Plastikman - Closer
Wed 29th Oct, 2003 Music Reviewsin
Ten years on and a five-year hiatus for Richie Hawtin’s Plastikman moniker, previous works have all been nothing but class, and Closer is no exception. The music put forth on this album is said to bring you closer to the creator but it definitely put me in an unknown mental distance. So abstract sometimes that I have had to re-listen to this CD more than a few times to appreciate its aesthetic.
On first listen, I was rather taken aback by its introverted and twisted beats, as opposed to the earlier Plastikman works, Closer is a lot more darker, less dancefloor friendly and very very atmospheric. It really makes you wonder about the headspace of this musical genius.
The first track on the CD is called ‘Ask Yourself’, the vocal is dark and unclear the beat is slow and hypnotising, I think this is the first time that Richie has used vocals in his work, and it almost feels like he is giving himself to the listener just a little too much? Music for the psyche that makes you a bit uneasy with what you are listening to and somewhat uncertain in your surroundings.
Once a futurist always a futurist.
‘Mind Encode’ is the second track on the CD and it continues to go down the atmospheric path of darkness and vagueness. I don’t really know if I like how this album makes me feel, I found it to be just a little too solemn and eerie at times, even to the point where if it was late at night and I had it on, I found myself hitting the stop button. Melancholy? Haunting? Misplaced? One thing is for certain, the sounds were quite powerful, whether the emotions that were being felt were pleasant or not is a different story altogether.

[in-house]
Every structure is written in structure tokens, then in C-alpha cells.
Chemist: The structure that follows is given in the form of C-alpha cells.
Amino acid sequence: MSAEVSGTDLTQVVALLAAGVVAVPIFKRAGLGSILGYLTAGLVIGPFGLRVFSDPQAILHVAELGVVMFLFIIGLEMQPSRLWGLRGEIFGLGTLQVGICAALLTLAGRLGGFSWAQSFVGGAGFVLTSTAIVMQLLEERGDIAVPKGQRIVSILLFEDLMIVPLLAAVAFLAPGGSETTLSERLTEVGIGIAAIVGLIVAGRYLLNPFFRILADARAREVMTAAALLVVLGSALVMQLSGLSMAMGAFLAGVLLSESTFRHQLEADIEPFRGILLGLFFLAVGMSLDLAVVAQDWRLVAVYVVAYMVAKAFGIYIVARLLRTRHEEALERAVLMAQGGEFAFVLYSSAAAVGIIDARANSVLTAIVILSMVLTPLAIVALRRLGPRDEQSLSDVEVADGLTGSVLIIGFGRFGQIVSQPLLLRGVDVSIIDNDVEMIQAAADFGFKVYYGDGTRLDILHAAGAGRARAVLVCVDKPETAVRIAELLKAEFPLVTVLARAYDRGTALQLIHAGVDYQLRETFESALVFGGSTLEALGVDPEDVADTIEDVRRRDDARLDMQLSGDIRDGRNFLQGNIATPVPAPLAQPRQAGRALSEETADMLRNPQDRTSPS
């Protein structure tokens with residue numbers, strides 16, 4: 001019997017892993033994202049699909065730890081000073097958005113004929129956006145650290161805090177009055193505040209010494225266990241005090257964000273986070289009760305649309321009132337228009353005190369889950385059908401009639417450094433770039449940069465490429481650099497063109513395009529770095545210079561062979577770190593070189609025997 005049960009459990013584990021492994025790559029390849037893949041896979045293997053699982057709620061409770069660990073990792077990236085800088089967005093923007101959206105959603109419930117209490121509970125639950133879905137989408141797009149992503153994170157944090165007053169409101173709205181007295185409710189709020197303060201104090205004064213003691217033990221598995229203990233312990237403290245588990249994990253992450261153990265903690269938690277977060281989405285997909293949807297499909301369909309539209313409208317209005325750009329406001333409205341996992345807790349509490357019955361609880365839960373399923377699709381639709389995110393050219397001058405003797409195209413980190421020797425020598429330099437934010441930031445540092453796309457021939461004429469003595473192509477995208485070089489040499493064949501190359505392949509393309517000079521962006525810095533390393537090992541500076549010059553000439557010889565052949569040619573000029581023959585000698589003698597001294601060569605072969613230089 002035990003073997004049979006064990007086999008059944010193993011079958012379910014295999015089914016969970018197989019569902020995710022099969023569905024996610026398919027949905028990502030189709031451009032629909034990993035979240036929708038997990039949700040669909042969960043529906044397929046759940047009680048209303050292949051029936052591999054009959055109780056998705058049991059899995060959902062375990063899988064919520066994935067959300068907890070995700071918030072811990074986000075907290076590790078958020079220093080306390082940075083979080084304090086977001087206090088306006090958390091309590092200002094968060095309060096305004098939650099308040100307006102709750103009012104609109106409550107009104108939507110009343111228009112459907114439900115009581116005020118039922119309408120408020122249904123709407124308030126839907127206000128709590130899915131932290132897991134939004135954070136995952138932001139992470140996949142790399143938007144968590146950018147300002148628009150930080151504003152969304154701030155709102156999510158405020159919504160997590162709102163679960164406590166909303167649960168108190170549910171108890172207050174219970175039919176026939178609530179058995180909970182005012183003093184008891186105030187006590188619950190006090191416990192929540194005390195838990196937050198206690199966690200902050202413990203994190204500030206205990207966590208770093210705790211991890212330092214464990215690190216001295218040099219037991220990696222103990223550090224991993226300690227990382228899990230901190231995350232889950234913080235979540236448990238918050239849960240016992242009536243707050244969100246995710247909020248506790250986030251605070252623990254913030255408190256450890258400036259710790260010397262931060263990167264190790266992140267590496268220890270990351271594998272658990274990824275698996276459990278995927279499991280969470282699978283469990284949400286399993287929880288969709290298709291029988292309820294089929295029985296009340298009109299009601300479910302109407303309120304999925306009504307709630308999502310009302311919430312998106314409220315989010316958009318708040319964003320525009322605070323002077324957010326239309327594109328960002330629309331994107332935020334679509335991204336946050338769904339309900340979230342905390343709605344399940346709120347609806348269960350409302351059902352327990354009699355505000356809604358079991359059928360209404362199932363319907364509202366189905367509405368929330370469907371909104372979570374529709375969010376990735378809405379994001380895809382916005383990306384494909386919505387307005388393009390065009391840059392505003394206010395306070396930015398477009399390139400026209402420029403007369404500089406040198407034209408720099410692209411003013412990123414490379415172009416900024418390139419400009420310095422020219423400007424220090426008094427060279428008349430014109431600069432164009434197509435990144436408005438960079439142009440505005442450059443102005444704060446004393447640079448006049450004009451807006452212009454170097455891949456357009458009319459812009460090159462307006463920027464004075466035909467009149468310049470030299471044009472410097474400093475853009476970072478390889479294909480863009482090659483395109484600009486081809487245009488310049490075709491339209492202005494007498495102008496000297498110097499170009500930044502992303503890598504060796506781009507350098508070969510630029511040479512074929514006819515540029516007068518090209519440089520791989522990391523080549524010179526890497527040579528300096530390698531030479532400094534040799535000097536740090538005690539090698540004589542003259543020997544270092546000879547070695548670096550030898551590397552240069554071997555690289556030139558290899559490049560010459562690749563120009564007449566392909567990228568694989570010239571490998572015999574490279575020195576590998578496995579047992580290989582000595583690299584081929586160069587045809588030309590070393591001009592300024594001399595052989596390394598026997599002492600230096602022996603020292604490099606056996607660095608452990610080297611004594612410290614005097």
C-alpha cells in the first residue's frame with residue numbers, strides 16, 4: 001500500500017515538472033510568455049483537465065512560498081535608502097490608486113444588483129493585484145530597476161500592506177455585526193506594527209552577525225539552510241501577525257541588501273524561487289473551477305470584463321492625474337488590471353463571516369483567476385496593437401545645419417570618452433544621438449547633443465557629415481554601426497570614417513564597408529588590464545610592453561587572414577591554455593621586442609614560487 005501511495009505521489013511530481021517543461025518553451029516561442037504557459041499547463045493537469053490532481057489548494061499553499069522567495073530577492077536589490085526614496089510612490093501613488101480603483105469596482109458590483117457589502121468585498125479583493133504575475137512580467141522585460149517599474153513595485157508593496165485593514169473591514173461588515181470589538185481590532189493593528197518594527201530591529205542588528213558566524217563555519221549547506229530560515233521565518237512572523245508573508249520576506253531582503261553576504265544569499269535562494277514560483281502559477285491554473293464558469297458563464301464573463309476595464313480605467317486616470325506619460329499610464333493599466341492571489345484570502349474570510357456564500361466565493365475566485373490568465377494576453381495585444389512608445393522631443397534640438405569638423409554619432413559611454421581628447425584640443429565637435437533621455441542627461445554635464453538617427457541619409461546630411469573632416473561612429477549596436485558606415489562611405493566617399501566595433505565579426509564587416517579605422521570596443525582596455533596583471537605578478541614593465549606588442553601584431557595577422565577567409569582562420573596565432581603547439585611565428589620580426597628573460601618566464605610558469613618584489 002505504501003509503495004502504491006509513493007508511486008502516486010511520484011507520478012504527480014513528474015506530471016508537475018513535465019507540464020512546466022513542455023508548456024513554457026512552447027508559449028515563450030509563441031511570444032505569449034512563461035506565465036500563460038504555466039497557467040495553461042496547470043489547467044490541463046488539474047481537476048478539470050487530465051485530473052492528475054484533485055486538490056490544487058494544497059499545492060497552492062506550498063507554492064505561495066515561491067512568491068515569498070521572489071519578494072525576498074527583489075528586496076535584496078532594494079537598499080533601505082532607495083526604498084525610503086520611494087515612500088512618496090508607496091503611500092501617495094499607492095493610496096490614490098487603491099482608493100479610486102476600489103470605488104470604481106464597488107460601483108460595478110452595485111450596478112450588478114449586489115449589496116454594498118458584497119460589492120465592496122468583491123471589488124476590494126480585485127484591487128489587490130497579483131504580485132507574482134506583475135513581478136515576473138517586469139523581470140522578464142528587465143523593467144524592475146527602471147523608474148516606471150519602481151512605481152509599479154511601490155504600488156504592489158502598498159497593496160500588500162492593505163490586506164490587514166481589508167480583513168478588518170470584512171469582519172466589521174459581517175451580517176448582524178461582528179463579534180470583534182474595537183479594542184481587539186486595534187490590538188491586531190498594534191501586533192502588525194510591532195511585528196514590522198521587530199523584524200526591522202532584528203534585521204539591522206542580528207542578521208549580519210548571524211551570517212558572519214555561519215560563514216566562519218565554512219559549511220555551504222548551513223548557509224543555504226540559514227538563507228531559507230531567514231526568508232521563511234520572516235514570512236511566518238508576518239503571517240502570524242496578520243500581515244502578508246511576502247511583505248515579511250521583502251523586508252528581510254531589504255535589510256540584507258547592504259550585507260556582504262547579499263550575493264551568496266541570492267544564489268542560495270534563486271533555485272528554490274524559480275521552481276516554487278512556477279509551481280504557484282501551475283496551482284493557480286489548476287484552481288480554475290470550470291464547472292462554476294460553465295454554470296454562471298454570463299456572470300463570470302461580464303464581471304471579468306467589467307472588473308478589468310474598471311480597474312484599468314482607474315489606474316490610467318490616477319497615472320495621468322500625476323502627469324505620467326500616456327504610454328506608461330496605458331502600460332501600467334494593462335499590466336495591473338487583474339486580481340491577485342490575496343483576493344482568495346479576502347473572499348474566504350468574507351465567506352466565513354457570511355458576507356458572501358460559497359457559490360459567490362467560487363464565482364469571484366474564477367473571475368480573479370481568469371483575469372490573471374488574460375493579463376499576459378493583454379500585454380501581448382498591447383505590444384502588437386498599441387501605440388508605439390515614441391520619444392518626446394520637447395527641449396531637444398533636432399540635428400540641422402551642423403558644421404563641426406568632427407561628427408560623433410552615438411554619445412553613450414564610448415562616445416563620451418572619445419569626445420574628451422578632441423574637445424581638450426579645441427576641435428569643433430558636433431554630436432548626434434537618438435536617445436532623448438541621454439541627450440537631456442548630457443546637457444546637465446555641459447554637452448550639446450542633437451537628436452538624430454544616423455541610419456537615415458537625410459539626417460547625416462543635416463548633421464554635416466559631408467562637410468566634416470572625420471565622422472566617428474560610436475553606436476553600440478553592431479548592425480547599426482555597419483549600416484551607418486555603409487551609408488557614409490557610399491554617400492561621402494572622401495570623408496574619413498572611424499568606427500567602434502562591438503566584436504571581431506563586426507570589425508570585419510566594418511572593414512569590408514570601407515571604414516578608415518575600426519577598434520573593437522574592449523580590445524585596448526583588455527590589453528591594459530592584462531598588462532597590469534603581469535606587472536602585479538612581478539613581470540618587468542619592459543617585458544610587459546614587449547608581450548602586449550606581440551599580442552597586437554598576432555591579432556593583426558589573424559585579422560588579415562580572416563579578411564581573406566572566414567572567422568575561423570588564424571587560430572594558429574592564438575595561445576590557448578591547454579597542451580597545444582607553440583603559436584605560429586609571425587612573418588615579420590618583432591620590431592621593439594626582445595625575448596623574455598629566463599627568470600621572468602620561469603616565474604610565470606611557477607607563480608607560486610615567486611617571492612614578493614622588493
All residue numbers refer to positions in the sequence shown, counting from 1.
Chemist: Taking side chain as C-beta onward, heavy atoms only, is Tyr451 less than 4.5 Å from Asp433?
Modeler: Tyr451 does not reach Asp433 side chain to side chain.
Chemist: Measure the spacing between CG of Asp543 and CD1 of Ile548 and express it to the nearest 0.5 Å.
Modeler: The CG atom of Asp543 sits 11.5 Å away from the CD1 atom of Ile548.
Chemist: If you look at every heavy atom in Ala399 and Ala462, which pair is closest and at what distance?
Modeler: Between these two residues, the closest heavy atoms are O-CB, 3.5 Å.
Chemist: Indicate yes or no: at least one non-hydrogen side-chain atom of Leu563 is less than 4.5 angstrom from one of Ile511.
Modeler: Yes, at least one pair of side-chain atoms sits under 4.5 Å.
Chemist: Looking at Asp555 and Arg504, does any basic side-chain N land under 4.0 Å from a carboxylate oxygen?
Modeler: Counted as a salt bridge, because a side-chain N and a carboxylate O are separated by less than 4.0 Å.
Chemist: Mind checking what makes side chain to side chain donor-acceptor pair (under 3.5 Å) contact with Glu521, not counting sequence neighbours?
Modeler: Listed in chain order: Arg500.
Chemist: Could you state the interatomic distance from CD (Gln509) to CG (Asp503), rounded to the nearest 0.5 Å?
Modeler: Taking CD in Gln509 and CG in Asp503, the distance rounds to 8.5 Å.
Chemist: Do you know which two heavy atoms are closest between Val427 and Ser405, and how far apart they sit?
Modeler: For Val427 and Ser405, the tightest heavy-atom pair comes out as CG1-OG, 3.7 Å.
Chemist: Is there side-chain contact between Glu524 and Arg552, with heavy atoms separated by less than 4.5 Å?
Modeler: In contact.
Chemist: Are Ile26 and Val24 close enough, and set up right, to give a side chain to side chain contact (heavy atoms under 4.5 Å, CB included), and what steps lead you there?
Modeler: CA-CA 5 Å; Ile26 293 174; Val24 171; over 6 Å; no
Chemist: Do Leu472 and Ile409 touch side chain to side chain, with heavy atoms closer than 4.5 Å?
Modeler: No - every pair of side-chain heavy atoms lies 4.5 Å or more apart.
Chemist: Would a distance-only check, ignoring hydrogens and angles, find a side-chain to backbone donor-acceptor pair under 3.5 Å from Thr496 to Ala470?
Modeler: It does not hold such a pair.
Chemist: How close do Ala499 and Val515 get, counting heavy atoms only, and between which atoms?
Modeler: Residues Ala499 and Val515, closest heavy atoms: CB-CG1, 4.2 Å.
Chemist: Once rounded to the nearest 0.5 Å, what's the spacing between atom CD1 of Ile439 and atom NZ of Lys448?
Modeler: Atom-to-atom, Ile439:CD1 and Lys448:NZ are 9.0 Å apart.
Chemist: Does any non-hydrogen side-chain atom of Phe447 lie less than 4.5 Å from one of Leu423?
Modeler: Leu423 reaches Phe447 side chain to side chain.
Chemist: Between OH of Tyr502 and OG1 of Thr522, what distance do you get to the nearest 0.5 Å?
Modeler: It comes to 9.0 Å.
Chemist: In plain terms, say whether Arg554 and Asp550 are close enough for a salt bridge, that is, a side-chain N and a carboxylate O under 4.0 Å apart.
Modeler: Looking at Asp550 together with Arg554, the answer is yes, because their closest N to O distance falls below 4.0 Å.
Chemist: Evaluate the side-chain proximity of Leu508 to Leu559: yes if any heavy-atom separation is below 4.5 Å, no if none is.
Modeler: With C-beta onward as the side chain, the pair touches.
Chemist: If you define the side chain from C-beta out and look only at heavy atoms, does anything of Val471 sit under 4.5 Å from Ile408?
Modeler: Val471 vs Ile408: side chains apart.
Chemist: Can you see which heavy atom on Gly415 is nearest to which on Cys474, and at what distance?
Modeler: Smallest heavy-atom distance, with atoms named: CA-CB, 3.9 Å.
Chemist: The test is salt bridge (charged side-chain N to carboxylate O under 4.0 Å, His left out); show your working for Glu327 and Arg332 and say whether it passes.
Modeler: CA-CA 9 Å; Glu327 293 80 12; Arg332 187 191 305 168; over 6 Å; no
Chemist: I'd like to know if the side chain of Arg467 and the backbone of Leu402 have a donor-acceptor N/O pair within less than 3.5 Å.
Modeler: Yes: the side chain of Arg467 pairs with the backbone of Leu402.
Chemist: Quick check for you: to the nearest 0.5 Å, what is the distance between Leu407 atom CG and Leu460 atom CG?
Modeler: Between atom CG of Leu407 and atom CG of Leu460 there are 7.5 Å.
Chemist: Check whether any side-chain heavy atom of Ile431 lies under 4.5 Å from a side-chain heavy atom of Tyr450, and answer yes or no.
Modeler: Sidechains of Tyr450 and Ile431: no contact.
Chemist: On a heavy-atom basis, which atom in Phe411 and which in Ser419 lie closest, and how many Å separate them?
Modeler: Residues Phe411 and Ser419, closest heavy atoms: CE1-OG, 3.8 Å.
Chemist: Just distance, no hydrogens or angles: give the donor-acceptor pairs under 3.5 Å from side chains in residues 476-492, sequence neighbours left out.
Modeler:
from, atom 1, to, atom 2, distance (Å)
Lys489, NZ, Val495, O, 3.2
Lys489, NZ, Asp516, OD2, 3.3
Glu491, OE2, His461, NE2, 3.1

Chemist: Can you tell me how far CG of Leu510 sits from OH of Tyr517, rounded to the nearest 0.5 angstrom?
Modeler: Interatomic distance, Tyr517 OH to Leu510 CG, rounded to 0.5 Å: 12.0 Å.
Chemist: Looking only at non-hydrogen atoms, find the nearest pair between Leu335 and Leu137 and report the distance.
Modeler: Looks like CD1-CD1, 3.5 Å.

Disconnect was more pleasant, the familiar humming bass and vocals about “disconnecting my brain” were something that I could definitely relate to. ‘Slow Poke’ is a minimal delight, a dubby bass sequence with a quirky array of sounds placed in the music atmosphere to create a “thick” textured “slow poke”.
By the time the album reached ‘Headcase’ there is no doubt in my disorientated mind that Richie wanted to cause a bit of confusion in the listeners, either that or this is exactly the headspace of Plastikman’s creator;)
Ok stop. Hold that thought. When you get to the final track aptly named ‘I don’t know’, things seem to go back to “normal” whatever “normal” maybe when Richie Hawtin is concerned. The last tune is a lot more reminiscent of the Plastikman sound that we remember, the sound of the 303 eventually shows itself, and gives a bit of relief through familiarity to the listener.
I am in two (or three or four) minds about this album; maybe that is what Hawtin set out to do? Whether it makes you feel a little dark, sad or on edge, one thing is certain, the production is immaculate and emotion is strongly conveyed. For me this is probably the most important thing when listening to an album of such personal reflection (of the artist). An artist who I hold in very high regards. It was a peculiar pleasure to get that extra bit Closer to him.
Closer is also available in a triple vinyl pack, with a limited selection of tracks from the CD.